Q. When you turned pro did you set a target for what age you would win your first major and if so, are you overdue?
SERGIO GARCIA: Not really. I wanted to win it as soon as possible so that probably when I was 19, when I played my first one. That's what you come here for. You come to these tournaments to play well, to put yourself in a position and to try to win. You want to win a lot of tournaments, there is no doubt, but more than anything, you want to win majors.
I really feel like it's getting closer and closer every time. I think if I just keep believing in myself and keep trying as hard as I'm trying, the moment will come. It has to. I still have a lot of years to come.
Q. David Duval was saying a few minutes ago, there are quite a lot of players out here, and maybe you're one of them, you're just as talented as Tiger Woods. The difference maybe is Tiger Woods waits and waits and waits for people to make mistakes. Do you think that's a reasonable --(inaudible) --
SERGIO GARCIA: There's no doubt that he's able to do whatever it takes to be able to come out on top. There's no doubt that there's a lot of good players out there that can win and that can beat him. He just somehow manages himself to, you know, hang on there and hang in there and not make many mistakes. That probably putts a little bit extra pressure on the other guys, thinking, well, he's not going to make mistakes so we have to try harder. You know, I think that it's just a matter of time when somebody comes out and gets rid of it and makes everybody believe.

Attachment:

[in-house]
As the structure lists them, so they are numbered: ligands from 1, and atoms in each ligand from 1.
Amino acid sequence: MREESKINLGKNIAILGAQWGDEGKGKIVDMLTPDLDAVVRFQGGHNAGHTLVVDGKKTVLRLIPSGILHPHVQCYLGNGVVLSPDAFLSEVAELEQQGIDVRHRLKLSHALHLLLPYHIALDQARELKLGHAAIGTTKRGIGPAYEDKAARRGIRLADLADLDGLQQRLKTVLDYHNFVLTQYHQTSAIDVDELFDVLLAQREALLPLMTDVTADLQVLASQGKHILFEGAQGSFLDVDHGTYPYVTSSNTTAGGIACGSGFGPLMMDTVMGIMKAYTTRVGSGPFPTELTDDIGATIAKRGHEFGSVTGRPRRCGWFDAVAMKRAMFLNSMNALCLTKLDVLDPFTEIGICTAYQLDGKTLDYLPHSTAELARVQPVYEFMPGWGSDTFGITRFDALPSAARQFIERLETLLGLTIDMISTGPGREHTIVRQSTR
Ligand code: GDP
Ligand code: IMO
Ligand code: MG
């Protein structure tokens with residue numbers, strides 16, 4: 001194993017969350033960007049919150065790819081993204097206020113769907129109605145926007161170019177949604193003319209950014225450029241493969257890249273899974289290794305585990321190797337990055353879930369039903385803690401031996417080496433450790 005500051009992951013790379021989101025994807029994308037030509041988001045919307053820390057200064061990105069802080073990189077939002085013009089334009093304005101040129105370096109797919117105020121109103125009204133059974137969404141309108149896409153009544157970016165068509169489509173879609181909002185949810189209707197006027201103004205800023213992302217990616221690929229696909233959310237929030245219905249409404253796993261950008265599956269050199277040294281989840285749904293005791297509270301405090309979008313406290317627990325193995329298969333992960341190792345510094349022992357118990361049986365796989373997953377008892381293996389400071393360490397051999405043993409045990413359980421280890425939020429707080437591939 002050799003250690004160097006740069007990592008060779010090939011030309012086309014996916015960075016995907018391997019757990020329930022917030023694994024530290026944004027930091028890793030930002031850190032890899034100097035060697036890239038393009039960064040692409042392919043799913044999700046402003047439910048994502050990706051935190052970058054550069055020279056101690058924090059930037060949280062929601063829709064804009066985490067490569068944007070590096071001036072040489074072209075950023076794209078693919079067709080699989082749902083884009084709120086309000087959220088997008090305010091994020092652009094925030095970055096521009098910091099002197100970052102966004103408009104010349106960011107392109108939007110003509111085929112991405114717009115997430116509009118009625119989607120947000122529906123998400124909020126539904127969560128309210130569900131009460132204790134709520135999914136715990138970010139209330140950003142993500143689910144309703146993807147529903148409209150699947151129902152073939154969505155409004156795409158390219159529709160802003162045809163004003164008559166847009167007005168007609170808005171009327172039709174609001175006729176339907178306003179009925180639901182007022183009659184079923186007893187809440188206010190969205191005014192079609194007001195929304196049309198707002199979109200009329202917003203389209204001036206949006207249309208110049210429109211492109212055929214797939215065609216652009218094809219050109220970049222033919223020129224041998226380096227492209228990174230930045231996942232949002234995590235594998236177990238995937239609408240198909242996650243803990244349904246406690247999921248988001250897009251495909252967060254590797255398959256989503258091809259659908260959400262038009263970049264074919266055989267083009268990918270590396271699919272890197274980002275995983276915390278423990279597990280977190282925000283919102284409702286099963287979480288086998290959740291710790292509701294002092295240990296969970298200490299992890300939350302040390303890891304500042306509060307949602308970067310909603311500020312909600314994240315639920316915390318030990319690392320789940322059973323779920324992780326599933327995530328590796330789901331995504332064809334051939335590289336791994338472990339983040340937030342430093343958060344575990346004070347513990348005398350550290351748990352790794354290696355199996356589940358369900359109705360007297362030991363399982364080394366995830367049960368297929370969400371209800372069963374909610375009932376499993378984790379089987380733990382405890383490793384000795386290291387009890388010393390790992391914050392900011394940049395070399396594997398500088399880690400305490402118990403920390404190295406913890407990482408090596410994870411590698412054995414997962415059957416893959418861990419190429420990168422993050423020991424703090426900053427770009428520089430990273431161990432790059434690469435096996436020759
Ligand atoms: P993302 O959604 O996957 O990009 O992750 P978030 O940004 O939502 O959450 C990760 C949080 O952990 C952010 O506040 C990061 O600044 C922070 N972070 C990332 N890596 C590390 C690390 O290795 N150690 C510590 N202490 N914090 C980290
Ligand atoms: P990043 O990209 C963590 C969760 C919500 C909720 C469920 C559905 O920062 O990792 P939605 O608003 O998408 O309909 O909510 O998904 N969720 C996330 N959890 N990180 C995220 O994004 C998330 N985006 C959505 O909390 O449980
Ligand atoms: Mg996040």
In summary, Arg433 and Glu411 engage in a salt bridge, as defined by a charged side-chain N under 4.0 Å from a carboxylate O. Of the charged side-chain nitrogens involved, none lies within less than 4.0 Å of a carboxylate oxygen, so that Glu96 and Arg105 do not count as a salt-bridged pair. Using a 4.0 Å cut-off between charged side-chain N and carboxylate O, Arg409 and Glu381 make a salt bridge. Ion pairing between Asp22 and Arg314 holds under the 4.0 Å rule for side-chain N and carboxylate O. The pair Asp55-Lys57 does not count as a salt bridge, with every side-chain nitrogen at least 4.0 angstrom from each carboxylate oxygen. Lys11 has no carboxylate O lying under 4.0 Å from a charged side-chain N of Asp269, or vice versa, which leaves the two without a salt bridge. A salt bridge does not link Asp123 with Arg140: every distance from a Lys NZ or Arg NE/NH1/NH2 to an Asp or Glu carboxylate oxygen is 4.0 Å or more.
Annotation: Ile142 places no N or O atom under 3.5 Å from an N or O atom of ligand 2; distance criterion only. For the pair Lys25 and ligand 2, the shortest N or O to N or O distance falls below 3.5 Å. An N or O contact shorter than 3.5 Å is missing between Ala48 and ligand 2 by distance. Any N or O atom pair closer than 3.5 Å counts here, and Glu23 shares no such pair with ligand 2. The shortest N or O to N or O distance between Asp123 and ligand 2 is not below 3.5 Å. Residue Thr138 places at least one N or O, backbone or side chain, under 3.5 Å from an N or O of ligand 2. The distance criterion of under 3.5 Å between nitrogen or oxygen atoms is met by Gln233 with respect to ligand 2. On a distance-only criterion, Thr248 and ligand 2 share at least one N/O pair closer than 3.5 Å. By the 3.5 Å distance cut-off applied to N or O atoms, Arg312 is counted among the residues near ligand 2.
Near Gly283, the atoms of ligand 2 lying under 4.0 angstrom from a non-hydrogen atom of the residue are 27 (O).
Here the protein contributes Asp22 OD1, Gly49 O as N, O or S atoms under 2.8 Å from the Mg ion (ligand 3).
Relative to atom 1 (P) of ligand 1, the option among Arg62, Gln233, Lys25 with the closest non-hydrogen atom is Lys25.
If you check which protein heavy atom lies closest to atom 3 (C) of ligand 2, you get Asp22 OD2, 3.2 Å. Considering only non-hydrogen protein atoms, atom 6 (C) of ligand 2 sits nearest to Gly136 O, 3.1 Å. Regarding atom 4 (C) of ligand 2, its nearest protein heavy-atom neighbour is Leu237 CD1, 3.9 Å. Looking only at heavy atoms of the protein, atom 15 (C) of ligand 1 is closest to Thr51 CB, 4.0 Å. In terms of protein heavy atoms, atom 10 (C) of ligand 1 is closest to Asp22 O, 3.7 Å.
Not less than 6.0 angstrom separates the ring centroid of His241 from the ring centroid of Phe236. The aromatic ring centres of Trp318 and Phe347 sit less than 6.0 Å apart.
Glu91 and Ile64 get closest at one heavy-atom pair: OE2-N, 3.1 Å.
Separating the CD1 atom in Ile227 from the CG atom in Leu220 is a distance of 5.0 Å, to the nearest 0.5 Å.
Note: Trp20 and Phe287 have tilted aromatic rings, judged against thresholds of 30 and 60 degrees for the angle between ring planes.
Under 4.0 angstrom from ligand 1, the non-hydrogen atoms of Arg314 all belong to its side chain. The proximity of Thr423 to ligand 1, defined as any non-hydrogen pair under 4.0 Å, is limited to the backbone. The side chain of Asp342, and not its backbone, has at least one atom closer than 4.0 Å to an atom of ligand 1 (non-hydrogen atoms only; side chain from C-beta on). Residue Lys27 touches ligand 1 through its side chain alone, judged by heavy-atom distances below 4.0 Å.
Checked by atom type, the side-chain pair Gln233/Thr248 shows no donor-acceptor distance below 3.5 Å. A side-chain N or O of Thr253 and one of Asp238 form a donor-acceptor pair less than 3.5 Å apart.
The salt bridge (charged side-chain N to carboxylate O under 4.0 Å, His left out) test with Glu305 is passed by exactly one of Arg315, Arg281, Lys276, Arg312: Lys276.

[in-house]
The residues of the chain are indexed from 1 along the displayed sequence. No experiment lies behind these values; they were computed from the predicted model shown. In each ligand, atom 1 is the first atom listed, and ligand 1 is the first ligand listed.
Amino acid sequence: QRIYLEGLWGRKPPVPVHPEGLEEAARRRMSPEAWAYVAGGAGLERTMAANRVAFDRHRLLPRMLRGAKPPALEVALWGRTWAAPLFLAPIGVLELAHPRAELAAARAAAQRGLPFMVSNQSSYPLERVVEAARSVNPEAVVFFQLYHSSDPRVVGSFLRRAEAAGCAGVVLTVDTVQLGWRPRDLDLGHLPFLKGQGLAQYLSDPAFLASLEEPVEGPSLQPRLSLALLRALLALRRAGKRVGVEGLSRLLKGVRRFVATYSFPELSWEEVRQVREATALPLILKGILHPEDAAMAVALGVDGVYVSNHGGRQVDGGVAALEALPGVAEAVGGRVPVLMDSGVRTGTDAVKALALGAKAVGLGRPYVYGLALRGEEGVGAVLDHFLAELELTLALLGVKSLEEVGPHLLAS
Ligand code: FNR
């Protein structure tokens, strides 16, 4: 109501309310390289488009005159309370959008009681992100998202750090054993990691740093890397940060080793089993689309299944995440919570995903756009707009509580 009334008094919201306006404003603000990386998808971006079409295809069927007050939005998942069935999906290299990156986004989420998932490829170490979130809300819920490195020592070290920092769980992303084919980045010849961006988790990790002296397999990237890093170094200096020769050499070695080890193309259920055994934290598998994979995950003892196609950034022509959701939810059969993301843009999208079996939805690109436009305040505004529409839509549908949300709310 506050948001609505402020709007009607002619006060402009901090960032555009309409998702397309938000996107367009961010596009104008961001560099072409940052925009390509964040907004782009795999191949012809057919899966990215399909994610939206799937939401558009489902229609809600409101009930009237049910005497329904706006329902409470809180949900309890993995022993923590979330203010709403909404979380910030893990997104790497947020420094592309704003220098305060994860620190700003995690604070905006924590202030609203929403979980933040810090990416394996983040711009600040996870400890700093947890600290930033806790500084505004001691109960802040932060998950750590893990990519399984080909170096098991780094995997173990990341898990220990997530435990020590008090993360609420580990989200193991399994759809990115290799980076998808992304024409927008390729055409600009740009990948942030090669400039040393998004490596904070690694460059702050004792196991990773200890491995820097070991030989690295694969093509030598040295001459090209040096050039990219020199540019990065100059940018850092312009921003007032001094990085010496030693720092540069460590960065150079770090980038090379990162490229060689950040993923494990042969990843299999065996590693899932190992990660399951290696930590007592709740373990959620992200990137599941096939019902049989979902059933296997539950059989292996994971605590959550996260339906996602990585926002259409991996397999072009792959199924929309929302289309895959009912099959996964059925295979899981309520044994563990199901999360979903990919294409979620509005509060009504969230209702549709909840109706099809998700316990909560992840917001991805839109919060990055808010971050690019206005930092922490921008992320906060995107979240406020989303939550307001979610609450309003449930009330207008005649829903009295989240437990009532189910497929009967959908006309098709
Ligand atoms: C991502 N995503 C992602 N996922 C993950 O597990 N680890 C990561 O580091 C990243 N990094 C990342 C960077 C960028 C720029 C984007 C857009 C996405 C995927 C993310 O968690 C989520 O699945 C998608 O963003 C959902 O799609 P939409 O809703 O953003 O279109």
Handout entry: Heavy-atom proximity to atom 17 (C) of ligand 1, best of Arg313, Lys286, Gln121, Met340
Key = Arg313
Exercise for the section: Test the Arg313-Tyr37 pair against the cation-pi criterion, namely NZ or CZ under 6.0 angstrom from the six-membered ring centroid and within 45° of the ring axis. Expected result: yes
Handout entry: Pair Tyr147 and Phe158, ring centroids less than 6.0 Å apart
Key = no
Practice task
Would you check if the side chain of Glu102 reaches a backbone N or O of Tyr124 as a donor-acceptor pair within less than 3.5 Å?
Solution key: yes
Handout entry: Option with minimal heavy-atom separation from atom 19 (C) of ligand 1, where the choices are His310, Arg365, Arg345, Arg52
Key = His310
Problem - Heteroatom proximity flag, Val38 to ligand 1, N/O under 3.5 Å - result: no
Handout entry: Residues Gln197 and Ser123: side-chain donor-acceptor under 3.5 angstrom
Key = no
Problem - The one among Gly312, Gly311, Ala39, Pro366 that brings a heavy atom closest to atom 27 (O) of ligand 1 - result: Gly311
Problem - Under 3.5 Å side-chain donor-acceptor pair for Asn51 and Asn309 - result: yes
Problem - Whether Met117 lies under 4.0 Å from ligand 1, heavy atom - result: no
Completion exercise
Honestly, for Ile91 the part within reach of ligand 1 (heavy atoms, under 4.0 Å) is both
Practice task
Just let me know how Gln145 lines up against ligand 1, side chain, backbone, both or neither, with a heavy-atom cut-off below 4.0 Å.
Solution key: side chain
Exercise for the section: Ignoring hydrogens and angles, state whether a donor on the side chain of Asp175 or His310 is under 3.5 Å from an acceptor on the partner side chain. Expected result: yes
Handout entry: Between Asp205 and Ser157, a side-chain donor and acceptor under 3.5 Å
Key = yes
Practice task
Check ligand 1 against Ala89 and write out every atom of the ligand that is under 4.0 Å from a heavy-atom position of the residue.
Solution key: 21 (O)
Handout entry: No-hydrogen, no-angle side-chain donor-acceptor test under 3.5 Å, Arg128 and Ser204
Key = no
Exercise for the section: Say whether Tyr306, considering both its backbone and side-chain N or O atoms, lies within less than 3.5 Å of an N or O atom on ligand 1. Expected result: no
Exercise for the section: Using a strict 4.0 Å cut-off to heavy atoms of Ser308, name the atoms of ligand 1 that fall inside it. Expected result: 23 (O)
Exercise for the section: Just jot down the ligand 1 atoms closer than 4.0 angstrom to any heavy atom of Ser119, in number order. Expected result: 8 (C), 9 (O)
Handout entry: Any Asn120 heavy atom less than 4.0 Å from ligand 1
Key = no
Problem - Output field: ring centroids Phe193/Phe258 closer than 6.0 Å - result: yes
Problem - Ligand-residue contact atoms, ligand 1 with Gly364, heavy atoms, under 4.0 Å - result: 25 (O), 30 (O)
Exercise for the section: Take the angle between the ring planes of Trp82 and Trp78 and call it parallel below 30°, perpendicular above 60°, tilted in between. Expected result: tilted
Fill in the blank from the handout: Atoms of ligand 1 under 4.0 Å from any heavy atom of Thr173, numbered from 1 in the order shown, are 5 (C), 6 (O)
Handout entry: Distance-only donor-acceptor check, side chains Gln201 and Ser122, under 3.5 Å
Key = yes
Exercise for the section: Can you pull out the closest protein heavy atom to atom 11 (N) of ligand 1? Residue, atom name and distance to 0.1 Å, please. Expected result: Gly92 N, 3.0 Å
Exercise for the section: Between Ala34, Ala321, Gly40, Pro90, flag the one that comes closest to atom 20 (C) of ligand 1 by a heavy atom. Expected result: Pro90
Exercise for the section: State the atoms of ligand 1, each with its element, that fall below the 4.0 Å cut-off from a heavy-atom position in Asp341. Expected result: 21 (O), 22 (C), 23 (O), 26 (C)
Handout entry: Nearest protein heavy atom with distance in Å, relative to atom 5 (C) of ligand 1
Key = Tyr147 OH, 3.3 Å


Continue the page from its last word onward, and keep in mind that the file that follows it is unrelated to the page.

Q. That could be a key think if in a real head-to-head if somebody could explode the myth, as it were, that might take the aura way from Tiger?
SERGIO GARCIA: Maybe it would, I don't know. This is all -- you know. We never know what could happen. We're all trying our best to beat him and everybody else.
Q. Sergio, you got some pretty rough treatment at Bethpage, especially on Saturday, I think. Are you very happy to be here in front of the British galleries who maybe treat you with a bit more respect?